Nor could the question be settled among them by merely legal arguments, technicalities as to the more or less questionable validity of particular renunciations. The Spanish dominion included not only Spain itself and the American Empire, but also the Netherlands, the kingdom of Naples, and certain Italian duchies. Europe could not allow this great dominion to become a mere appendage either of France or of Austria, although Spain itself would certainly be fiercely opposed to any disruption of the Spanish Empire.
The First Partition Treaty
It appeared then that here was a matter for settlement by treaty. The European balance would be best served by the accession of the Electoral Prince of Bavaria to the Spanish dominion, and this had the advantage also that his title seemed on the whole the strongest. But the other claimants would not withdraw without receiving a substantial solatium. On this basis, William and Louis on their own account made the first Partition Treaty. Austria and France were to get their solatium in Italy, and otherwise the Spanish Empire was to go to the Electoral Prince.
The Second Partition Treaty
The English ministers were not consulted, nor was the matter brought before parliament. Ministers simply gave an unqualified assent to William's bargain. But then the bargain itself was nullified by the death of the Electoral Prince. William did not want to see the Spanish Empire handed over to Leopold of Austria, but still less did he wish to see it handed over to Louis XIV.
Louis, however, was again ready to make his bargain with the maritime Powers, since he did not wish to fight for his maximum claims against a European coalition. He was moderate enough, and was prepared practically to content himself with the Italian territories, leaving the rest to the Archduke Charles. On these terms William and Louis came to an agreement known as the Second Partition Treaty; but when it was submitted to Leopold he refused to accede to it.
This was the situation at the beginning of 1700; but it was once more turned upside down by the action of Spain. The Spaniards were furious at any scheme of partition. The dying King Charles made his choice between the Hapsburg and the Bourbon in favour of the Bourbon. He named as legitimate heir to the whole of his dominion Philip, the second son of the French Dauphin, since it was recognised in Spain as well as elsewhere that the actual crowns of Spain and France were not to be united. If Philip's elder brother should die without heirs then the crown of Spain was to be transferred to his younger brother, and only if he succeeded to the French throne should it pass to the Archduke Charles, the Hapsburg claimant. Having made his will in these terms Charles died.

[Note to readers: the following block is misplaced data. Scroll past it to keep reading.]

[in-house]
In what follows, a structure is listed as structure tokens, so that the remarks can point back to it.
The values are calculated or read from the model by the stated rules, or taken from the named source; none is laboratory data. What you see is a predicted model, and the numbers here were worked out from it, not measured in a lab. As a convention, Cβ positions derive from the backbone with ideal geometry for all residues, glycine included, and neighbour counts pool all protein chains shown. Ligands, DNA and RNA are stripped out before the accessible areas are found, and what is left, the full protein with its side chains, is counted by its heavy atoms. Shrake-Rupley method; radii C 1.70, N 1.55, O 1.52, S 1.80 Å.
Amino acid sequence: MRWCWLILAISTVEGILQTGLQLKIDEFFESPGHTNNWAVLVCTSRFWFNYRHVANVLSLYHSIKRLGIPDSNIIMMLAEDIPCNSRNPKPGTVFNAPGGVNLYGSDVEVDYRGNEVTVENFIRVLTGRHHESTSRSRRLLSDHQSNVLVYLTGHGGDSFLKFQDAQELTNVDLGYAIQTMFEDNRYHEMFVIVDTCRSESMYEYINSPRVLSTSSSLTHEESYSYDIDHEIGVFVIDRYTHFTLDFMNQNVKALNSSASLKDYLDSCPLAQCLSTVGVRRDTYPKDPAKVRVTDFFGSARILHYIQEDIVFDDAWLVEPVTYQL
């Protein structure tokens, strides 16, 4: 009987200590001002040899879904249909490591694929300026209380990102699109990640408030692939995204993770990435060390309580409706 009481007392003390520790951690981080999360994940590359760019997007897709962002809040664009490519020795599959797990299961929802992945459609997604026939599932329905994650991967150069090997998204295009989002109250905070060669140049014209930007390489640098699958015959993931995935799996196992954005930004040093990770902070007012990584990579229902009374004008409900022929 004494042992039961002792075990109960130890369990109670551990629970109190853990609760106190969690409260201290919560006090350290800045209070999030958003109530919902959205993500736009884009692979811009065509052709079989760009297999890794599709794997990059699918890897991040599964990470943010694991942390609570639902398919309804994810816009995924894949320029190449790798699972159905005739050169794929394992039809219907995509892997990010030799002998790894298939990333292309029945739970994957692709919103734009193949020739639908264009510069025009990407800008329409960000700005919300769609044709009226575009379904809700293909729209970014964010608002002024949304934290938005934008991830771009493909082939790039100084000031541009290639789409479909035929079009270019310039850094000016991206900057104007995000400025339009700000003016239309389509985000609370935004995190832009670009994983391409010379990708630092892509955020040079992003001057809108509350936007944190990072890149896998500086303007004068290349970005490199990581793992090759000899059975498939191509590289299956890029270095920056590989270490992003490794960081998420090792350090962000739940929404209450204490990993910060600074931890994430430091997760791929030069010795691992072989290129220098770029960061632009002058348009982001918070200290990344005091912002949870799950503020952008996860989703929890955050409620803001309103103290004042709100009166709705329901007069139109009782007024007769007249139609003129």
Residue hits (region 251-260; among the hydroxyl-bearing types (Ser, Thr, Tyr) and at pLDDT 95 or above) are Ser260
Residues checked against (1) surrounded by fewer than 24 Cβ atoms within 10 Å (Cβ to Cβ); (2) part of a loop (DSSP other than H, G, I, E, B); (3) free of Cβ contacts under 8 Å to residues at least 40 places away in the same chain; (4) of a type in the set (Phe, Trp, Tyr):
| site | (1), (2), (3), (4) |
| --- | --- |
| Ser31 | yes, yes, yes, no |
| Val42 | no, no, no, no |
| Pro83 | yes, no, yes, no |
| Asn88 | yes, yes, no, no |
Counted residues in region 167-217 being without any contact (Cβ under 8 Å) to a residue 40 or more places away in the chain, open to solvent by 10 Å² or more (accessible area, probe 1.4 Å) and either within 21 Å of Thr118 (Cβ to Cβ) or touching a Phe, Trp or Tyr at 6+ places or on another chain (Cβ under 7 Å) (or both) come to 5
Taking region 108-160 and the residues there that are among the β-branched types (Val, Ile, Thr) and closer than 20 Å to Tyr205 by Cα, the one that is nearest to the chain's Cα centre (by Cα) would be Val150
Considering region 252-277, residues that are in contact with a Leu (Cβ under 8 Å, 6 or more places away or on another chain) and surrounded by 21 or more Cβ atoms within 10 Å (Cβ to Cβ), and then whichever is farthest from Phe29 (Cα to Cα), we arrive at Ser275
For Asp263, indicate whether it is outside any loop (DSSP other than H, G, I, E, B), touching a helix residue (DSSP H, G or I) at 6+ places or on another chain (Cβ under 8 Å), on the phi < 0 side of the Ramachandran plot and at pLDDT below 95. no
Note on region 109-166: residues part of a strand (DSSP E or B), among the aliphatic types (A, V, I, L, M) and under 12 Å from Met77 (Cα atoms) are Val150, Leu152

Now William took for granted that this will would merely be used to force Leopold into acceptance of the Partition Treaty. To his intense indignation Louis immediately tore up the treaty and took his stand upon the will, claiming the entire Spanish inheritance for his grandson. In William's eyes this meant that for all practical purposes the policy of the Spanish Empire would be directed by Louis; and that was a consummation which must be averted at all costs.
He could have carried the Whigs with him, but now the Tories were dominant; therefore he dissolved parliament. But he apparently gained nothing by the dissolution, for in the new parliament the Tories retained their preponderance. It was absolutely necessary to conciliate the Tories, and to educate them over to his point of view. Godolphin returned to the ministry, which was also joined by Rochester.
[Ed. What happened next? Read on ...]
This article is excerpted from the book, 'A History of the British Nation', by AD Innes, published in 1912 by TC & EC Jack, London. I picked up this delightful tome at a second-hand bookstore in Calgary, Canada, some years ago. Since it is now more than 70 years since Mr Innes's death in 1938, we are able to share the complete text of this book with Britain Express readers. Some of the author's views may be controversial by modern standards, particularly his attitudes towards other cultures and races, but it is worth reading as a period piece of British attitudes at the time of writing.